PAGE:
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7 hilariously long German words

7 hilariously long German words

7 hilariously long German words

The Germans are well-known for having a soft spot for long words. Their language’s “Lego-like” grammatical structure allows the tacking together of an inordinate number of elements, so that it’s not unusual at all to be able to describe an ultra-specific concept with a single, ferociously long word in German.

It’s perfectly understandable, then, why American writer Mark Twain quipped, “These are not words; they are alphabetical processions.”

Our favourite ridiculously-long German words

Germany’s most famous, Guinness-record-breaking, 63-letter word (Rindfleischetikettierungsüberwachungsaufgabenübertragunsgesetz) may have been made obsolete in 2013, but here are some other hilariously long German words to tide you over. Good luck trying to say these out loud.

1. Kraftfahrzeug-Haftpflichtversicherung (36)

Officially recognised by the Duden - Germany’s pre-eminent dictionary - as the longest word in the German language, Kraftfahrzeug-Haftpflichtversicherung is a 36-letter, tongue-tying way of describing a rather, mundane everyday concept: motor vehicle liability insurance. Even if you can’t pronounce it, don’t be caught without it!

2. Streichholzschächtelchen (24)

You’ll be relieved to hear that even native German speakers find this one hard to pronounce. That’s why videos of Germans and foreigners alike trying to pronounce “tschechisches Streichholzschächtelchen” (small, Czech matchboxes) have become something of a sensation on the internet. Practice it and use it to impress your German friends.   

3. Arbeiterunfallverischerungsgesetz (33)

Granted, this probably won’t be a word you’ll use everyday. But it’s working quietly in the background to protect you while you’re at work! As part of Germany’s social security system, all employers are obliged to take out occupational accident insurance, which is governed by the occupational accident insurance law (Arbeiterunfallversicherungsgesetz). It insures all workers against injuries or illnesses incurred through their employment.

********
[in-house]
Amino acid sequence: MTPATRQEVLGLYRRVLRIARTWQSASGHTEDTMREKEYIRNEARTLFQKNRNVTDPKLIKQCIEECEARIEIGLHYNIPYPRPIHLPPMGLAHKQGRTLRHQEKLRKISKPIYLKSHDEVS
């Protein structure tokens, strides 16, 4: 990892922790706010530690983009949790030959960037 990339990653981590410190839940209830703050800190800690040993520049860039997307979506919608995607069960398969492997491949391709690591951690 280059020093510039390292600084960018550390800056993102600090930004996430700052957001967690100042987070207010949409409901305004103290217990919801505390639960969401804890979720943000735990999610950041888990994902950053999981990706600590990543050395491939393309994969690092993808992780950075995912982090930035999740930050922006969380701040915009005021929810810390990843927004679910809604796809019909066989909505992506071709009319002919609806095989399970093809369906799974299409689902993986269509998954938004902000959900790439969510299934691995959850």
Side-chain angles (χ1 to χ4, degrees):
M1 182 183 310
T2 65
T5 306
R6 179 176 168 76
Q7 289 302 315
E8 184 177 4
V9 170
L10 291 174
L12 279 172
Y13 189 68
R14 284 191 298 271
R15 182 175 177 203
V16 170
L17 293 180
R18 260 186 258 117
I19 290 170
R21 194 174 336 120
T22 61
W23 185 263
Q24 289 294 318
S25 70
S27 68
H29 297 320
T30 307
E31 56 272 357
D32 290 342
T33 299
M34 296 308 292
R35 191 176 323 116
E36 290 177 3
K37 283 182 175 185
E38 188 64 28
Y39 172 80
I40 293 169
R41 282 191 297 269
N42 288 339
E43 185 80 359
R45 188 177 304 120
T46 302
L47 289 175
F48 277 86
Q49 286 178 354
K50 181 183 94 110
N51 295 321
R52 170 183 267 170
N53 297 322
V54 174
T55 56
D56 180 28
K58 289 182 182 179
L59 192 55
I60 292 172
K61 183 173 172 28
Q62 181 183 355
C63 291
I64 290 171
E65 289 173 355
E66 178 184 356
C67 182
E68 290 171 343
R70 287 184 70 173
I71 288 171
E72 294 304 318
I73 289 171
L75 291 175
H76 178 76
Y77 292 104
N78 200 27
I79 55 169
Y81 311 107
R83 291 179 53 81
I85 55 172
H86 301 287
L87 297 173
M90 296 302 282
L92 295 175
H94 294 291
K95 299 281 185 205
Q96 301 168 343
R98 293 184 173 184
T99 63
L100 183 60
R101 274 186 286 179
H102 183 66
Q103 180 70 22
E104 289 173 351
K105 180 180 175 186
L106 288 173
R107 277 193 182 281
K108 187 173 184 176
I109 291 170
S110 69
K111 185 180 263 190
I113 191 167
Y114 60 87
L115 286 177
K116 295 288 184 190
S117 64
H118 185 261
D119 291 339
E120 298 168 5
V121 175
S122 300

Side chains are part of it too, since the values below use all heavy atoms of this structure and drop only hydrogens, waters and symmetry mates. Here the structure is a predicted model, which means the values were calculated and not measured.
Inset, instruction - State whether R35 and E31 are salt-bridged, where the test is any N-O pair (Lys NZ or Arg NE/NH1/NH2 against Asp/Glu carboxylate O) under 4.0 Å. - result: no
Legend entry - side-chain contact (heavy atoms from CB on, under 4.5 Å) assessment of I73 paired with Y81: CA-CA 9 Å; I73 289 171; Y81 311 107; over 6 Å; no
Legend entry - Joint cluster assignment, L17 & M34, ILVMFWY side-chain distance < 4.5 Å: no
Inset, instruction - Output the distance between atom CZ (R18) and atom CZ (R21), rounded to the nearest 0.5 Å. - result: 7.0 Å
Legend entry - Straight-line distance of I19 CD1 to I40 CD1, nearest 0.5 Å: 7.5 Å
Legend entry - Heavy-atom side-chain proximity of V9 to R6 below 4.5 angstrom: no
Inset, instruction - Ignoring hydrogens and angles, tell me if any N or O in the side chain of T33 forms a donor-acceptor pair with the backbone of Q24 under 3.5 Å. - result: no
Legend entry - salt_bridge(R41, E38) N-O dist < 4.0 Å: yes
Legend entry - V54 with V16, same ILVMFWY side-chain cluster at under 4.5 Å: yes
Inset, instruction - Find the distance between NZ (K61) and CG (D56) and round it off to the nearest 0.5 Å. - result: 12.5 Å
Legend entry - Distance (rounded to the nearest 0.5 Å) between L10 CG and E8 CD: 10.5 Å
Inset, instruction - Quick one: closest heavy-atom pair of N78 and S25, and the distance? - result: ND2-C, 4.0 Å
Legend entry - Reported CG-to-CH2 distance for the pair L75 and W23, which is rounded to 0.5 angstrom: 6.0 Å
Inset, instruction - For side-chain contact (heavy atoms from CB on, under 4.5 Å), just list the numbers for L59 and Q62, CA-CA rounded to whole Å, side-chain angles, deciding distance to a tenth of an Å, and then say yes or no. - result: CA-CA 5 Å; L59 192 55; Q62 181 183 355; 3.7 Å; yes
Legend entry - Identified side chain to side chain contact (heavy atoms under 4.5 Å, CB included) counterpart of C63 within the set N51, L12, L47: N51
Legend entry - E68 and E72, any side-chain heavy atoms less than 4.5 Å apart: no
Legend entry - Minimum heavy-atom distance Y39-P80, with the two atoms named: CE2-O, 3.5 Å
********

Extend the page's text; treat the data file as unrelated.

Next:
4. Freundschaftsbeziehungen (23)

This is probably what Mark Twain was referring to when he said, “Some German words are so long they have a perspective.” Freundschaftsbeziehungen means “friendship demonstrations” and is just a more efficient way of saying “demonstrations of friendship.” If you think about the stereotypes involving Germans and efficiency, it makes perfect sense.

5. Unabhängigkeitserklärungen (26)

This is another time-saving device wrapped up in a nigh-on-impossible-to-pronounce word! Why waste time saying “declarations of independence” when you could say “independencedeclarations”? Now why didn’t the American founding fathers think of that?

6. Nahrungsmittelunverträglichkeit (31)

Potentially very important for those of us with intolerances and intolerances! Formed of two words that are rather long in their own right (Nahrungsmittel and Unverträglichkeit), this 31-letter beastie simply means “food intolerance”. If you’ve got a nut allergy, you should probably learn how to pronounce it.

7. Rechtsschutzversicherungsgesellschaften (39)

Let’s end on a high. Coming in at a cool 39 letters, this word is the longest German word in everyday use, according to the Guinness Book of World Records. Although not officially listed in the Duden, Rechtsschutzversicherungsgesellschaften - meaning insurance companies that provide legal protection - has apparently made its way into everyday speech. Maybe it’s not in the dictionary because no-one could be bothered to write it down…

Enough German words for you?

Okay, okay - enough. Our eyes hurt. Perhaps it’s time to sign up for that German course...

Abi

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Abi Carter

Abi studied History & German at the University of Manchester. She has since worked as a writer, editor and content marketeer, but still has a soft spot for museums, castles...

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Hilko Drude 07:57 | 4 June 2019

I'm afraid you mixed up Freundschaftsbeziehungen and Freundschaftsbezeugungen. The latter was used by Mark Twain and is thoroughly outdated.